PolitiFact


LAUNCHED IN 2007 BY THE St. Petersburg (Fla.) Times to fact-check statements made during the 2008 presidential campaign, PolitiFact.com kept vetting the truthiness of statements made by elected officials, lobbying groups and pundits in other states after the election had passed--and last year it won the Pulitzer Prize for National Reporting. Like a McDonald's of political lie detectors, PolitFact began franchising its truth ratings--which range from "True" to the outrageous whoppers labeled "Pants on Fire"--to other newspapers. By September, it added its sixth and seventh state sites by partnering with Milwaukee Journal Sentinel and The Oregonian, respectively. And it most recently added Richmond (Va.) Times-Dispatch.

During the November election, PolifiFact poured over television advertisements, candidate debates, interviews, and mailings of its partners. It rated the campaign claims "Barely True" for "exaggerated, twisted or distorted" information in a majority of them. PolifiFact defines "Barely True" as a statement containing some element of truth, bur it "ignores critical facts that would give a different impression." One candidate, however, often speaks the truth, according to PolitiFact, soon-to-be speaker of the House, U.S. Rep. John Boehner (R-Ohio).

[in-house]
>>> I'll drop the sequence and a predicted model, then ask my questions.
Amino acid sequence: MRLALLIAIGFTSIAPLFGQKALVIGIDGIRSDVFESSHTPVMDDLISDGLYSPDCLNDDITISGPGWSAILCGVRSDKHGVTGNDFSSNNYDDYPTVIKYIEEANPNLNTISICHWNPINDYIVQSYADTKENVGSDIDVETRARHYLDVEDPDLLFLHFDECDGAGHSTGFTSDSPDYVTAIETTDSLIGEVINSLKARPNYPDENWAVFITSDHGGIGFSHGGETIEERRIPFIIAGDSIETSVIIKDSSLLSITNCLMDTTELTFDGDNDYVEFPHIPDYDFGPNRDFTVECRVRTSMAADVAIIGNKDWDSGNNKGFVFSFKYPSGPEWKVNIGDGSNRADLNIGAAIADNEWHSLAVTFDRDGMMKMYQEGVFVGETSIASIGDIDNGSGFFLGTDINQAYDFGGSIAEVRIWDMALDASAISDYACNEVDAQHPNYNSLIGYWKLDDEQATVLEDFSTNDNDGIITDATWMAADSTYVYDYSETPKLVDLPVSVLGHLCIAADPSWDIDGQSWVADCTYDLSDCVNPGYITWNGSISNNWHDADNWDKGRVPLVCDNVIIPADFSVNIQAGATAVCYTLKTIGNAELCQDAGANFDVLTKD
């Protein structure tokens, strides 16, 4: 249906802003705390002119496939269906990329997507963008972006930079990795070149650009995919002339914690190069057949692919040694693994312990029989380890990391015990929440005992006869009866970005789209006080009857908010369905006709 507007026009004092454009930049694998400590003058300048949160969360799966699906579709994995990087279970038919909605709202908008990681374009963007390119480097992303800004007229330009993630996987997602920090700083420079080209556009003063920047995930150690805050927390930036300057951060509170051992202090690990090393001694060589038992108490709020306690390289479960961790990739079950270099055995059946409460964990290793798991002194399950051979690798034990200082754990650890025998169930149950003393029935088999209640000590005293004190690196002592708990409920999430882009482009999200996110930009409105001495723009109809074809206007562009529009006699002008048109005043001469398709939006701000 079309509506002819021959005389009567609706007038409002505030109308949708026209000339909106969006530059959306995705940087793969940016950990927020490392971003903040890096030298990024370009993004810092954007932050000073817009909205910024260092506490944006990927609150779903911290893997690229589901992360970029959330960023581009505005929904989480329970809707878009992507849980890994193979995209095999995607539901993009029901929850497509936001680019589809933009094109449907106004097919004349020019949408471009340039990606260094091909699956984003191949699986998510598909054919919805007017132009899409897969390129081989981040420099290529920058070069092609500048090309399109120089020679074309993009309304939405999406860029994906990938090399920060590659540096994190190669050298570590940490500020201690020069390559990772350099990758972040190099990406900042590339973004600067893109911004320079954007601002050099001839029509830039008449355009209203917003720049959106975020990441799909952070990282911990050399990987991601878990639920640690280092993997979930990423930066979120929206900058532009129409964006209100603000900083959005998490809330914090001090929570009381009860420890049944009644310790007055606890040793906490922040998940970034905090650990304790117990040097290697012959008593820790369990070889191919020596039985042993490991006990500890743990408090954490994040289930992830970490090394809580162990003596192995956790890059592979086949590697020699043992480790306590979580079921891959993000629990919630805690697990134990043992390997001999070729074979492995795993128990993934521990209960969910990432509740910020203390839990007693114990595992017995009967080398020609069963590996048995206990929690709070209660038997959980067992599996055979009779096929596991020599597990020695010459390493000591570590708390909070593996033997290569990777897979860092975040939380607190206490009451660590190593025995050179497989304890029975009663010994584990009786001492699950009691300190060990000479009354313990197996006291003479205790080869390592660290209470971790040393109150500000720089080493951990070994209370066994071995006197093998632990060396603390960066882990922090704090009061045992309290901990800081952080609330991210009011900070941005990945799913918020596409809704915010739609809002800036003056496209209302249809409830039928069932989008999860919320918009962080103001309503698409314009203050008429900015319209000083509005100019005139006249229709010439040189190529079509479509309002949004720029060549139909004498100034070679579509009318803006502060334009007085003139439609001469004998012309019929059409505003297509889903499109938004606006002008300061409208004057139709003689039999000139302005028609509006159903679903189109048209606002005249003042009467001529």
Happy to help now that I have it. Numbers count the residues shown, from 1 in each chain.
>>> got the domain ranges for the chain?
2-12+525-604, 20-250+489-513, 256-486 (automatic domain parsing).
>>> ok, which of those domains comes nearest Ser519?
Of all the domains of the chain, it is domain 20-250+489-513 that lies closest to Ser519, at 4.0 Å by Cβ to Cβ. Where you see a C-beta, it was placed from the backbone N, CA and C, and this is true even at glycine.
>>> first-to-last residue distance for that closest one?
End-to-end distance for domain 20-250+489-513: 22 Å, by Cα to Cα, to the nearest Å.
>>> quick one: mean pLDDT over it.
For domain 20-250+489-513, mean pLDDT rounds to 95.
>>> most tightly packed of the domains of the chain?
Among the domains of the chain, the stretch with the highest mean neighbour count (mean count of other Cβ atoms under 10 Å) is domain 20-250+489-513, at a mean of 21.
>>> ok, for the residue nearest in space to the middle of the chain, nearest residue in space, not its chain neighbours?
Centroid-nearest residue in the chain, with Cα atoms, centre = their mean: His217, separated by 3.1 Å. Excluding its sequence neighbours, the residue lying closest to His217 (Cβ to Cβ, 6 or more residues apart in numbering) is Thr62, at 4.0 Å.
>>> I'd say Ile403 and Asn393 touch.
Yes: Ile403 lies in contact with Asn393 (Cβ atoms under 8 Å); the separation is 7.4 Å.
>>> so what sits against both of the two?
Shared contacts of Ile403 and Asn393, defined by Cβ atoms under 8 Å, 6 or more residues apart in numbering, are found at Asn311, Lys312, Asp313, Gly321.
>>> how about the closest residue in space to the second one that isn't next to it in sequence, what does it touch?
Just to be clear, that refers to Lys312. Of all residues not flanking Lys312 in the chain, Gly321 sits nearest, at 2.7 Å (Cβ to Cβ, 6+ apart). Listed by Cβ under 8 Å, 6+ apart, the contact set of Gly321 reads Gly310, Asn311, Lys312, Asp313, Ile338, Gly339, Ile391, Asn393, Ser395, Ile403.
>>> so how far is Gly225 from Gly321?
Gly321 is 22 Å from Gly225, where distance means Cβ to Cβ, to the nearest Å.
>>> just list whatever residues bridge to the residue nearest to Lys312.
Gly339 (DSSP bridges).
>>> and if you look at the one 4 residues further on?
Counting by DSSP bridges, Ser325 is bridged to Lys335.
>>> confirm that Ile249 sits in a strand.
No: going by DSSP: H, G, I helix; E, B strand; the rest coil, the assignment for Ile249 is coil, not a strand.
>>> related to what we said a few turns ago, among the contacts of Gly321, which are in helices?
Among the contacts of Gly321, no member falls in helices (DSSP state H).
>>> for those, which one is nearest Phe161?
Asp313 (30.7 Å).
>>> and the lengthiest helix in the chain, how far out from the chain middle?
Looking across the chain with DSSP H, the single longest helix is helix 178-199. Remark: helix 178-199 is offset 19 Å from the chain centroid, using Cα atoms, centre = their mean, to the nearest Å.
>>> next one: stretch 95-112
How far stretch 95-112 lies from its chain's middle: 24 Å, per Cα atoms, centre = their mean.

Here's a representative sample of how newspapers are using PolitiFact.

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St. Petersburg (Fla.) Times

Democrat Alan Grayson

Says Republican Daniel Webster wants to make divorce illegal, even for abused wives.

Webster proposed an optional pre-nuptial agreement that would make divorce much more difficult.

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The Atlanta Journal-Constitution

Democrat Michael Thurmond

Michael Thurmond "authored major legislation that has provided more than $250 million in tax relief to Georgia's senior citizens and working families. …

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